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Malala calls on Taliban to release education activists like Matiullah

Malala Yousafzai, Pakistan’s youngest Nobel Peace Prize winner, has urged the Taliban to release Matiullah Wesa, an Afghan education activist detained in Kabul. Wesa had been providing mobile schools and libraries to Afghan girls and boys, according to a Nobel laureate, who described his arrest as an attack on education.

Malala condemned the Taliban’s ban on girls’ education and the arrest of education activists like Wesa in a tweet on Tuesday. She urged the Taliban to release him and all others imprisoned for educating children.

Wesa’s brother claims that the 30-year-old education activist has been receiving threats for some time because of his work for girls’ education through his organization, PenPath. His home was also allegedly raided during his arrest, though the government has not provided any details.

Wesa was one of Afghanistan’s most prominent education activists, fighting for girls’ right to education since the Taliban banned female education in 2021. On the day of his arrest, he tweeted a photo of female PenPath volunteers demanding Islamic rights to education for their daughters.

After finishing his prayers at a mosque, Wesa was reportedly stopped by a group of men in two vehicles. According to his brother, when he asked for their identification cards, they beat him and took him away.

Malala’s call for the release of Wesa and other imprisoned education advocates highlights Afghanistan’s ongoing struggle for education women’s rights, especially in the face of Taliban rule.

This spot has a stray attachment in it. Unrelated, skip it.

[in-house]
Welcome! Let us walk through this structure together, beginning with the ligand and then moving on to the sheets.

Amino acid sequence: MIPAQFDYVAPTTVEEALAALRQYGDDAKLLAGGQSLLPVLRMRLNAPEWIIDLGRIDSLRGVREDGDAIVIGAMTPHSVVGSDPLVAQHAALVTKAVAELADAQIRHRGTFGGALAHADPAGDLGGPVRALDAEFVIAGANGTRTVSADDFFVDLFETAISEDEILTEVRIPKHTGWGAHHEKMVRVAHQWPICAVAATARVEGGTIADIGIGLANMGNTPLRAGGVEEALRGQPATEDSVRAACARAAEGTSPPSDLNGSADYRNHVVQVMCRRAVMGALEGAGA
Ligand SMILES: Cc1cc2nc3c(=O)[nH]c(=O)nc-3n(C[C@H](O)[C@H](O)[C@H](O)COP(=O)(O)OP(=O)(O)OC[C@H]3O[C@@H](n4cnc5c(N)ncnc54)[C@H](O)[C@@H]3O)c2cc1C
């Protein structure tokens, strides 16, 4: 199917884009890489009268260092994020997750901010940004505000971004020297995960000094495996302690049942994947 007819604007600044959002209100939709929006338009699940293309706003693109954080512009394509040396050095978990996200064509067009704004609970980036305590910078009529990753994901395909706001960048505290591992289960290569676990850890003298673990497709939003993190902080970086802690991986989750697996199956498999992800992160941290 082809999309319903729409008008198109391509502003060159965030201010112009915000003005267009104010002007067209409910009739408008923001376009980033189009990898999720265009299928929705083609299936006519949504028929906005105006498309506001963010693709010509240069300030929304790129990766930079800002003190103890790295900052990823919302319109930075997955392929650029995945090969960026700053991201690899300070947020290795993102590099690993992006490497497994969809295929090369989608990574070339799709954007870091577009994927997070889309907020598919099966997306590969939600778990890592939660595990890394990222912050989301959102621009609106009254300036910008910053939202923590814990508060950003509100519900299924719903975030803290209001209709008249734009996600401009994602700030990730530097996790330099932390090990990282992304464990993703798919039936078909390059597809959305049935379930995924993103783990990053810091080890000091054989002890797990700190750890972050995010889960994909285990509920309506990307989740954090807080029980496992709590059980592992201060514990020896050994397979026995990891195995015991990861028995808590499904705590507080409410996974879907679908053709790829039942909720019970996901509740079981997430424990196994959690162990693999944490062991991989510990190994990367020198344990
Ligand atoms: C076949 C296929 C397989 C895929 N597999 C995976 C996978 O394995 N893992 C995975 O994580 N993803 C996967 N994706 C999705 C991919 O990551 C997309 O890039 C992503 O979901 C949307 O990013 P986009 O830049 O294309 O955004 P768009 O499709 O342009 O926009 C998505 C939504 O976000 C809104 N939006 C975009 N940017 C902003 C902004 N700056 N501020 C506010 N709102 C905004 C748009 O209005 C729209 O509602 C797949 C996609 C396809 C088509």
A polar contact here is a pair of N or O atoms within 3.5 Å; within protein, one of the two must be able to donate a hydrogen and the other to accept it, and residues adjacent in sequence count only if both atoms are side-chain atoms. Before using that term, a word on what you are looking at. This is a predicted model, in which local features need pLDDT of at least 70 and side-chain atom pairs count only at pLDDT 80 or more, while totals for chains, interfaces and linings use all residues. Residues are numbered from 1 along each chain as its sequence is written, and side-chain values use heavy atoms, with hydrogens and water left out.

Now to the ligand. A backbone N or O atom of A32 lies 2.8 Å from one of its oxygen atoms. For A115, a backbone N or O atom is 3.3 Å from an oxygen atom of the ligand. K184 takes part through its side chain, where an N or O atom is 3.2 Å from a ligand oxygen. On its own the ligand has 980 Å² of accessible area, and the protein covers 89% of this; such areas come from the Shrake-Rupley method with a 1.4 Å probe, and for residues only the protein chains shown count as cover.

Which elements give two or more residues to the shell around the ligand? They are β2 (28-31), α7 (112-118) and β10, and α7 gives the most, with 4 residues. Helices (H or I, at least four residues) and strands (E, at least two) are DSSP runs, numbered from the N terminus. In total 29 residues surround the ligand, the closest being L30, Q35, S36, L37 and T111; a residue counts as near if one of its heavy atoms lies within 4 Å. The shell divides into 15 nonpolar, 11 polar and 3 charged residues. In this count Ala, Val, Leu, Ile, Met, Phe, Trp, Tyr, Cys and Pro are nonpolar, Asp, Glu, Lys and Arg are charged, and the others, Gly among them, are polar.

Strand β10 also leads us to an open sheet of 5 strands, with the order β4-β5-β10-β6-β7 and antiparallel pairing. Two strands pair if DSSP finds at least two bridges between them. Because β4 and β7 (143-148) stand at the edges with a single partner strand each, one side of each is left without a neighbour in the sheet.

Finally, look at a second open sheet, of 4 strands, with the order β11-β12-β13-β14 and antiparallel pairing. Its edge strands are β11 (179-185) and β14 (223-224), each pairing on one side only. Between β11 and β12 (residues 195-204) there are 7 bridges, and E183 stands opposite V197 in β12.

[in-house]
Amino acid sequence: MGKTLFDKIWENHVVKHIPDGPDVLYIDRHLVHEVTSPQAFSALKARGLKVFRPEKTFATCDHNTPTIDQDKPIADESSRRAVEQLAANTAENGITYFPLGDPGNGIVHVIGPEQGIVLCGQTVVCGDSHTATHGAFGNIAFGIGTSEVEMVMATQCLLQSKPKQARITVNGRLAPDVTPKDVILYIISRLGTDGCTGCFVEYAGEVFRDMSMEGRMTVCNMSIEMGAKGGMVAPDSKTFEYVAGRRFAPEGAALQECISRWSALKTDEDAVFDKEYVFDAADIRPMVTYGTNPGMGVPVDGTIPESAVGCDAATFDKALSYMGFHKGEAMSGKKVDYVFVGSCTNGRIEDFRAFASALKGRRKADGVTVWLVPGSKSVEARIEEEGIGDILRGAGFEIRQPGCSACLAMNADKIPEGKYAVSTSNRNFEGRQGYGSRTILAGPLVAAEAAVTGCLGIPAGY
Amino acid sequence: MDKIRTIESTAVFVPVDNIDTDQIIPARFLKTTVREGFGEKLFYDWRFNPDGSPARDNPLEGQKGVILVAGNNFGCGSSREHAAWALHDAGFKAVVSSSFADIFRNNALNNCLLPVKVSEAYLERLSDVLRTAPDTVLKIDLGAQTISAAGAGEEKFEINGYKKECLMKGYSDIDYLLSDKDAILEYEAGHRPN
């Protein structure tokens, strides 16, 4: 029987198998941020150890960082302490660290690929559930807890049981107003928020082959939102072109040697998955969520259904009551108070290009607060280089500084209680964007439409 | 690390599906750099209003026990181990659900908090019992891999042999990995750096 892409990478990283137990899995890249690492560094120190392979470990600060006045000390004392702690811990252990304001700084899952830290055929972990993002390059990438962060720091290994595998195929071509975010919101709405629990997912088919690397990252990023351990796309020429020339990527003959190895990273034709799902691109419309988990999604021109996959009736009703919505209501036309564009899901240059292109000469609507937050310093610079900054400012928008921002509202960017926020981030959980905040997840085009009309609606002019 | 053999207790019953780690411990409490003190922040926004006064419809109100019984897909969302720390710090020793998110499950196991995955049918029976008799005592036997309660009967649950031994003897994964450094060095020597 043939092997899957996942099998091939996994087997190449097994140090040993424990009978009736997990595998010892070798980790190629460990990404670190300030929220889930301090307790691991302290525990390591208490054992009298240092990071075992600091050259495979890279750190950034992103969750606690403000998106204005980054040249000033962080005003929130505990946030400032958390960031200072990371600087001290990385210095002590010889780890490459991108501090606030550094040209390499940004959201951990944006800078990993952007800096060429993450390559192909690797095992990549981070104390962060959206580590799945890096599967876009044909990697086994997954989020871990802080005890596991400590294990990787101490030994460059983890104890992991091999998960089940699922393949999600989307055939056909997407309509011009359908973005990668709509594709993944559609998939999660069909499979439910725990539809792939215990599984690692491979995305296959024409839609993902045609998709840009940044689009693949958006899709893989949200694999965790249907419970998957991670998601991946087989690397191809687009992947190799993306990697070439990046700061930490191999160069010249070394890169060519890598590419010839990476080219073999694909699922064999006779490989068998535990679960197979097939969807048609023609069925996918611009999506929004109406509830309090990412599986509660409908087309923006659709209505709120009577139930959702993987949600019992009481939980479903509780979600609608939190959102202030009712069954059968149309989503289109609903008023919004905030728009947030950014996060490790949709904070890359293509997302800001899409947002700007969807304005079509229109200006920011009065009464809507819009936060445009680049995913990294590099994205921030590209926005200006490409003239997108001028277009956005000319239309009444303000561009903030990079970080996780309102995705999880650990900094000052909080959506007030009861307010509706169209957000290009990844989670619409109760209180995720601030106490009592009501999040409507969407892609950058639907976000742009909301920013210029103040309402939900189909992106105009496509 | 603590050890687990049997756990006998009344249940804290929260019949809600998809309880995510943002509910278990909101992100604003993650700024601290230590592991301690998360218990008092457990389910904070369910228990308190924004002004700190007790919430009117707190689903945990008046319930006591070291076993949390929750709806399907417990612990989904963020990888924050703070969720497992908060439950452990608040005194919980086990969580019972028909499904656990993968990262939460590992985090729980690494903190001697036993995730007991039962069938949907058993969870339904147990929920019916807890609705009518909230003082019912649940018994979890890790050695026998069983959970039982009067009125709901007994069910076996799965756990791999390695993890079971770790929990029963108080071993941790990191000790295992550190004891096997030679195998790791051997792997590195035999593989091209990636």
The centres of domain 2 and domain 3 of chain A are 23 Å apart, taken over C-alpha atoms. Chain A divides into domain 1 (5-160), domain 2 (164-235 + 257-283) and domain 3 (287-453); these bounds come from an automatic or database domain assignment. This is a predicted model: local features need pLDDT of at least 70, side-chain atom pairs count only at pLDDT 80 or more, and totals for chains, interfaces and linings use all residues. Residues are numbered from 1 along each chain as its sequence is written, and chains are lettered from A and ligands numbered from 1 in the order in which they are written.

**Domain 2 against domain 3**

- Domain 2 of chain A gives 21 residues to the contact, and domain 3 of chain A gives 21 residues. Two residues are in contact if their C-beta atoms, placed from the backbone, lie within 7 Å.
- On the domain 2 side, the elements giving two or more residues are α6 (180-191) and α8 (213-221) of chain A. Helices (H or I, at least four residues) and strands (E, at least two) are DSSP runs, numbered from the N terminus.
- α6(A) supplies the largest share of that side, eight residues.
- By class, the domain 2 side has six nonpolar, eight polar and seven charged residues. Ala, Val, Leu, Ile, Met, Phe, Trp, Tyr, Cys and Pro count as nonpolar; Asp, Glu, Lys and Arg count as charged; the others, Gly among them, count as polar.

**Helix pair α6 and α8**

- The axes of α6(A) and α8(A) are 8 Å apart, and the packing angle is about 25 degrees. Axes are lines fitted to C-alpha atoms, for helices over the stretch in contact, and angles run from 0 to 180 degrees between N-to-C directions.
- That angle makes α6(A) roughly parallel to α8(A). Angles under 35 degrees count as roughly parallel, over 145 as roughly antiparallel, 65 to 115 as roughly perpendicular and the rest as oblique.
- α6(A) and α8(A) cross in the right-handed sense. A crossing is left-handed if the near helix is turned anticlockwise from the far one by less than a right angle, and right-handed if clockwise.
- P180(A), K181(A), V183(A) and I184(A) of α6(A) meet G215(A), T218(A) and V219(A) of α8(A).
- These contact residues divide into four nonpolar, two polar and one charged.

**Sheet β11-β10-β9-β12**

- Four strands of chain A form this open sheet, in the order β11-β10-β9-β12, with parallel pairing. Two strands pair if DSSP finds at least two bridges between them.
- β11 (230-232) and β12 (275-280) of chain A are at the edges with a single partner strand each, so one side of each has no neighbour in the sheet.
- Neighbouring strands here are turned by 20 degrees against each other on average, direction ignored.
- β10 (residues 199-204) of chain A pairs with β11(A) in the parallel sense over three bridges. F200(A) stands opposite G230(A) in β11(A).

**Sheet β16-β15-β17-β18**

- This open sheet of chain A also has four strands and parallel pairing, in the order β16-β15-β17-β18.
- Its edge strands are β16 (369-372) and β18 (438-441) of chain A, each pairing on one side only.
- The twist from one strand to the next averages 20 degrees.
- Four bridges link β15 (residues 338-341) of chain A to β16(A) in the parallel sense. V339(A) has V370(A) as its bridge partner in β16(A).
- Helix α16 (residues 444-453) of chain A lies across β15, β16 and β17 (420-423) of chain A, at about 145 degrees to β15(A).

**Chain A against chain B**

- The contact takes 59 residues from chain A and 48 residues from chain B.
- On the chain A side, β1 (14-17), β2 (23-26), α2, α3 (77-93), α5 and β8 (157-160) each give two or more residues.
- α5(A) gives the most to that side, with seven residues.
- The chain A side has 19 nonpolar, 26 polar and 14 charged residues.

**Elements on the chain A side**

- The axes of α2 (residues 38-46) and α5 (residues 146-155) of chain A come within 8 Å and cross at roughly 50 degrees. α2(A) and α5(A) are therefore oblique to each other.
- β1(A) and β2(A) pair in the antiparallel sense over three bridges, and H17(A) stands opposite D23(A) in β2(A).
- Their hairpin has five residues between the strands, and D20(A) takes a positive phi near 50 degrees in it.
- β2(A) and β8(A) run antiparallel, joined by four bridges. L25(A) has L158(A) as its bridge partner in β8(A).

Afghanistan’s environment for women and girls remains difficult, with many still facing discrimination, violence, and limited access to modern education and employment opportunities.

According to AFP, Matiullah’s organization, which campaigns for schools and distributes books in rural areas, has long been dedicated to communicating the importance of girls’ education to village elders.

Wesa has continued to visit remote areas to rally local support since the ban on secondary schools for girls.

“We are counting down the hours, minutes, and seconds until the opening of girls’ schools.” “The damage that school closures cause is irreversible and undeniable,” he tweeted last week, just as the new school year began in Afghanistan.

“We met with residents and will continue our protest if the schools remain closed.”

After the withdrawal of US and NATO forces that had supported previous governments, the Taliban stormed back to power in August 2021.

Taliban leaders, who have also barred women from attending university, have repeatedly stated that once certain conditions are met, they will reopen schools for girls.

They claim they lack the funds and time to redesign the curriculum along Islamic lines.

Taliban officials made similar promises during their first five years in power, from 1996 to 2001, but no girls’ schools opened at that time.

The ban on girls’ education is thought to have been issued by Afghanistan’s supreme leader, Hibatullah Akhundzada, and his ultra-conservative aides, who are deeply skeptical of modern education, particularly for women.

It has sparked international outrage as well as an internal opposition, with some senior officials in the Kabul government as well as many rank-and-file members opposing the decision.

It has sparked international outrage as well as an internal opposition, with some senior officials in the Kabul government as well as many rank-and-file members opposing the decision.

In deeply conservative and patriarchal Afghanistan, attitudes toward girls’ education are slowly changing in rural areas where the benefits are recognized.

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